A story about being alive

I stay up all night, long after all the old movies and infomercials are done. I had watched Ben-Hur for what seemed like the first time.
I think about how I’ve been sleeping in later and later, and how I don’t especially care. I haven’t bathed for seven days. I feel as if I have no friends – and I don’t.

Moving to a new place is always difficult. Though I’d had troubles in my previous home, mostly because I’d get into fights and win every one, I miss it. I miss the people who didn’t want to kick my ass; I even miss the people whose asses I did kick, and would later come to my house in groups to threaten and spit.

I walk outside. It is foggy, and the fog is so thick that I can feel its wetness seeping into my clothes. The sky is beginning to light. The fog will clear soon, when the sun gets to be overhead, but it is five in the morning, so I still have time. I walk back inside to put on my shoes. I forget socks.

Outside again, I feel the cold, healthy air on my face. It’s coming from the ocean (today I miss the smell the most), and it’s cold enough to perk up my small male-nipples and turn my legs and arms a little purple. I know this will pass, and it will be annoyingly hot in the afternoon. My mind is blank as I begin to walk. I walk over the hill, toward the harbour. I change my direction, beelining to the ocean, to pass my school. I go to what I will in the future refer to as the smokepit. I see the cigarette butts of forgotten years mashed into the dirt and pavement. I don’t know yet that I will be here, that I’ll sit here with friends and enemies around me, almost at arm’s length. I continue my walk.

I get to the ocean when the sun is finished warming the sky, sunrise long gone. I walk through the War Memorial, over Water Street. I walk down a small dirt road. I must touch the water. I go past empty shops and ancient houses, and find the seashore. St. John’s Harbour is not fit for swimming, I realize, but I take off my shoes. I forget them, and place my feet in the cold, cold water.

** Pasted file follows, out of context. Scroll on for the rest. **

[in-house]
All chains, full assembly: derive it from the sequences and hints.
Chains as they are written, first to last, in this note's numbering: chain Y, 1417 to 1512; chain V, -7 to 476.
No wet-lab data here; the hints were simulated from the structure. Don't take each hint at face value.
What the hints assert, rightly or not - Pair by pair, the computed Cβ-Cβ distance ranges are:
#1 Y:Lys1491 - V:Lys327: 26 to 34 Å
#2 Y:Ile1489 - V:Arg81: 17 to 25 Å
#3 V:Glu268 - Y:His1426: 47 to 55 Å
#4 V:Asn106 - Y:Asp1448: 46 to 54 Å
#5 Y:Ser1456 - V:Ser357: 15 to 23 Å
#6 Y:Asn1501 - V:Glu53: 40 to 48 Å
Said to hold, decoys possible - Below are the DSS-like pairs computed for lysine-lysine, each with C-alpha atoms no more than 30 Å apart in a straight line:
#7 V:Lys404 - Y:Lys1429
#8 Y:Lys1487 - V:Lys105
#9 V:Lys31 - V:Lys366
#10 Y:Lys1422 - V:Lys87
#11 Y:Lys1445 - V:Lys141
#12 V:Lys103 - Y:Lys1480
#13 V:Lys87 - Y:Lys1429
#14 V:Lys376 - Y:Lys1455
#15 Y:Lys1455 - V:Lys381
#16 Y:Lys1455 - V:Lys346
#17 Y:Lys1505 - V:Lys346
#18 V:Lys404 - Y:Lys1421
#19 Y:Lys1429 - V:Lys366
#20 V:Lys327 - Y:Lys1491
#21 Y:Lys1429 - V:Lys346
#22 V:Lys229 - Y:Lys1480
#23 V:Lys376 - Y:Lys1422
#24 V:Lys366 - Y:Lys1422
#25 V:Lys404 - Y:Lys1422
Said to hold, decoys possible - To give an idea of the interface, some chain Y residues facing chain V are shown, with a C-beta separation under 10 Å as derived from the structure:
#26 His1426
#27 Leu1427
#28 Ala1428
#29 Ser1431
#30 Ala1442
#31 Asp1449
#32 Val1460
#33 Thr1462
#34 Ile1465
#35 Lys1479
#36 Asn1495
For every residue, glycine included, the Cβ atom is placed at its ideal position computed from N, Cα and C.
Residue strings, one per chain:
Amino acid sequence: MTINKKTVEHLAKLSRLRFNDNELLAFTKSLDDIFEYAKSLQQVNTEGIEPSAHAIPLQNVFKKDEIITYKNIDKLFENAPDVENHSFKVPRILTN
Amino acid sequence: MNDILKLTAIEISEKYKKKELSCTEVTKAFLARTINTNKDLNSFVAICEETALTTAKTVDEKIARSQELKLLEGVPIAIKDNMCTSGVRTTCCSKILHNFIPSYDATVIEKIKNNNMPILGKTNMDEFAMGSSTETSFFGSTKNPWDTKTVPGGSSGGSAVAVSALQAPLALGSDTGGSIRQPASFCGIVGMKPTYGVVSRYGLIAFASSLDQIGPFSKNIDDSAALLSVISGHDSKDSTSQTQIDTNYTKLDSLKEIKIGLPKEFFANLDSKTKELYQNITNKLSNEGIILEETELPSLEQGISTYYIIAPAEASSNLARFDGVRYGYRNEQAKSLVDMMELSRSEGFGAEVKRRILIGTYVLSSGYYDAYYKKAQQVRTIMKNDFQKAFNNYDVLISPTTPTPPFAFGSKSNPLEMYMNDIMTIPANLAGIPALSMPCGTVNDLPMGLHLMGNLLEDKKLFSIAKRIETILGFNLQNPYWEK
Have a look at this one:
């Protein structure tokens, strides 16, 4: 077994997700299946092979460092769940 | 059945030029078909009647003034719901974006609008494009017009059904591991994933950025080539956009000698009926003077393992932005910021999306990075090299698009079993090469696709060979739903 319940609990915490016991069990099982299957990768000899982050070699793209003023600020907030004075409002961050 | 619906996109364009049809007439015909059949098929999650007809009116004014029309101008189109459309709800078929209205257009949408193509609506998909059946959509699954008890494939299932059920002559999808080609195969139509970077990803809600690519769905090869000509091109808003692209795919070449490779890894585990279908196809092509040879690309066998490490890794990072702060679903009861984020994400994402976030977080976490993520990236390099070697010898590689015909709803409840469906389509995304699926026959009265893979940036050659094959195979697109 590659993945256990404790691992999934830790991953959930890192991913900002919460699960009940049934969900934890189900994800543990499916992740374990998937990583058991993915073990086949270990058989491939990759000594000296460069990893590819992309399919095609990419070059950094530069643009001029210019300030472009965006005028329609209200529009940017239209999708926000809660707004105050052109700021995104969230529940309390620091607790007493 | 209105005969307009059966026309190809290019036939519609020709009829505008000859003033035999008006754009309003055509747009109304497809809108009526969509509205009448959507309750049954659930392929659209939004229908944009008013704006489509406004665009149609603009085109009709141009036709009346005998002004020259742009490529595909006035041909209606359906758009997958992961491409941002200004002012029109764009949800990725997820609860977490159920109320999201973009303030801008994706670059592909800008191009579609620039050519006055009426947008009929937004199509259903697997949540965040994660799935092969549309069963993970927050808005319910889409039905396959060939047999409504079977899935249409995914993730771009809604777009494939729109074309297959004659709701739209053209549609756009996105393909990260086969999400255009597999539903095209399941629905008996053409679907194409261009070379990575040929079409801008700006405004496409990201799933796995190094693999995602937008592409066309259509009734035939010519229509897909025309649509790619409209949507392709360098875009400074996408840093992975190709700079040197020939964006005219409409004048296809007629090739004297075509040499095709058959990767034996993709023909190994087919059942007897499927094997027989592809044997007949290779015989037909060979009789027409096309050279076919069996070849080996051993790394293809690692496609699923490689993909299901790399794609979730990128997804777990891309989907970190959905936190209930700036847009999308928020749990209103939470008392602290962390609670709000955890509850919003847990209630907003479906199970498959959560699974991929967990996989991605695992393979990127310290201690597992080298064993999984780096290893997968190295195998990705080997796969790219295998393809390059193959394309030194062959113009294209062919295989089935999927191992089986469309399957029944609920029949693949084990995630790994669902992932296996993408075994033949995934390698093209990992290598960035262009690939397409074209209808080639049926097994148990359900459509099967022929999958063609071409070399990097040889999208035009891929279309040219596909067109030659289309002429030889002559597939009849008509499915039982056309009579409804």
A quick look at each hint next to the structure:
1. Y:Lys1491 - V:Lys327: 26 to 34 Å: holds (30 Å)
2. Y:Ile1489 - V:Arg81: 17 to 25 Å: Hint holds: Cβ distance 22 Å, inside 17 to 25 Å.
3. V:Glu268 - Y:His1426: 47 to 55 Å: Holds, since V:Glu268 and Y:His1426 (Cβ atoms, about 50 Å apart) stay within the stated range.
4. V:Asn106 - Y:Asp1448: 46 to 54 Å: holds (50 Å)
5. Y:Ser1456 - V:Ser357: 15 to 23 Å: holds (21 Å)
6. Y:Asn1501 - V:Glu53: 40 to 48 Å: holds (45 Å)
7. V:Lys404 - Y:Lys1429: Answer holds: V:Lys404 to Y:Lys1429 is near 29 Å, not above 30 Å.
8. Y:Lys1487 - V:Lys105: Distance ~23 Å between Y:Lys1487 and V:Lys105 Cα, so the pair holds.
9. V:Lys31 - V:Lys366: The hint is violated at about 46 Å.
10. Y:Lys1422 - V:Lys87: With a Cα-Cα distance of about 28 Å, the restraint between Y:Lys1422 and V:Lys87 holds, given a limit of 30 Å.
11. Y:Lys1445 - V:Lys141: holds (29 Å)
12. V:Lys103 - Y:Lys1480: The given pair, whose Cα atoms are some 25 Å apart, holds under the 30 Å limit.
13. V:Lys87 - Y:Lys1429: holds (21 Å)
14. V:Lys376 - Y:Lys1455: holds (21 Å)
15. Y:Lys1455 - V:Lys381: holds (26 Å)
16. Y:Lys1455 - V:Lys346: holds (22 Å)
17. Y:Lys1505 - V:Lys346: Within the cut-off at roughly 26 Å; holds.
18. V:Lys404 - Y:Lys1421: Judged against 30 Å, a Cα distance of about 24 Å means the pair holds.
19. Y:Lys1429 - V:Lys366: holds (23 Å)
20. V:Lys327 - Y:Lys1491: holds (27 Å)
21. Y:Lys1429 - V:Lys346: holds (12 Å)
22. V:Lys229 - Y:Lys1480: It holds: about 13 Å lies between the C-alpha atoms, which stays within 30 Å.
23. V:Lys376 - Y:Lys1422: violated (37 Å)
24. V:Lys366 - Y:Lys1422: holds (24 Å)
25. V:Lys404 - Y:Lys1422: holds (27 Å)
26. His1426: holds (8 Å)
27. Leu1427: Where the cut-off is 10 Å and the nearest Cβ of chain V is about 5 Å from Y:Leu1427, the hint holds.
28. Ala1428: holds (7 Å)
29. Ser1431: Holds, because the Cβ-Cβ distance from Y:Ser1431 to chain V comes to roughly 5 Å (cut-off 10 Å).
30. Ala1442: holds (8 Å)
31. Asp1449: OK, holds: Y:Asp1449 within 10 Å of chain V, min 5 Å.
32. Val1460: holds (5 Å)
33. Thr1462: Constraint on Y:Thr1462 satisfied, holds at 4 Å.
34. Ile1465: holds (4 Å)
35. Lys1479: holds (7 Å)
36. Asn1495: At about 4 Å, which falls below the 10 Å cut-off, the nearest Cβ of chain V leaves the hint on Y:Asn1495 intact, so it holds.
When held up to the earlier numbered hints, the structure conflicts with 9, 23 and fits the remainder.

Suddenly, amazingly, I am filled with my connection to the earth. I know of nothing around me. I can only feel the rocks and seaweed under my feet. I reach down at the seaweed, and timidly touch it with the first two fingers of my left hand. Its green-purple surface shines in the brightening light. I feel important, I feel necessary. I feel as if I am a part of a greater whole.

Because my feet are in the ocean, so cold.

I look to my left, and I see a jellyfish caught between some rocks. A memory surfaces of when I was young, catching jellyfish and bringing them in to shore, laughing at their brainless forms. I do not know if the jellyfish is alive, I don’t know if tide is coming in soon, or if it is going out. I scoop its pink-blue-white form up with both hands. The tentacles fall under my hand. I hold it at arm’s length, careful not to get stung. That would ruin my day. I note with some wonder its weight as I place it in the water.

I get up without noticing its progress. I turn away, almost smiling, immense happiness fills my chest. I don’t want to see if it lives or if it is dead. I simply know that I did something good, some small, minute thing. My disappointment would be quite great if it was dead already.

Later, I have a shower.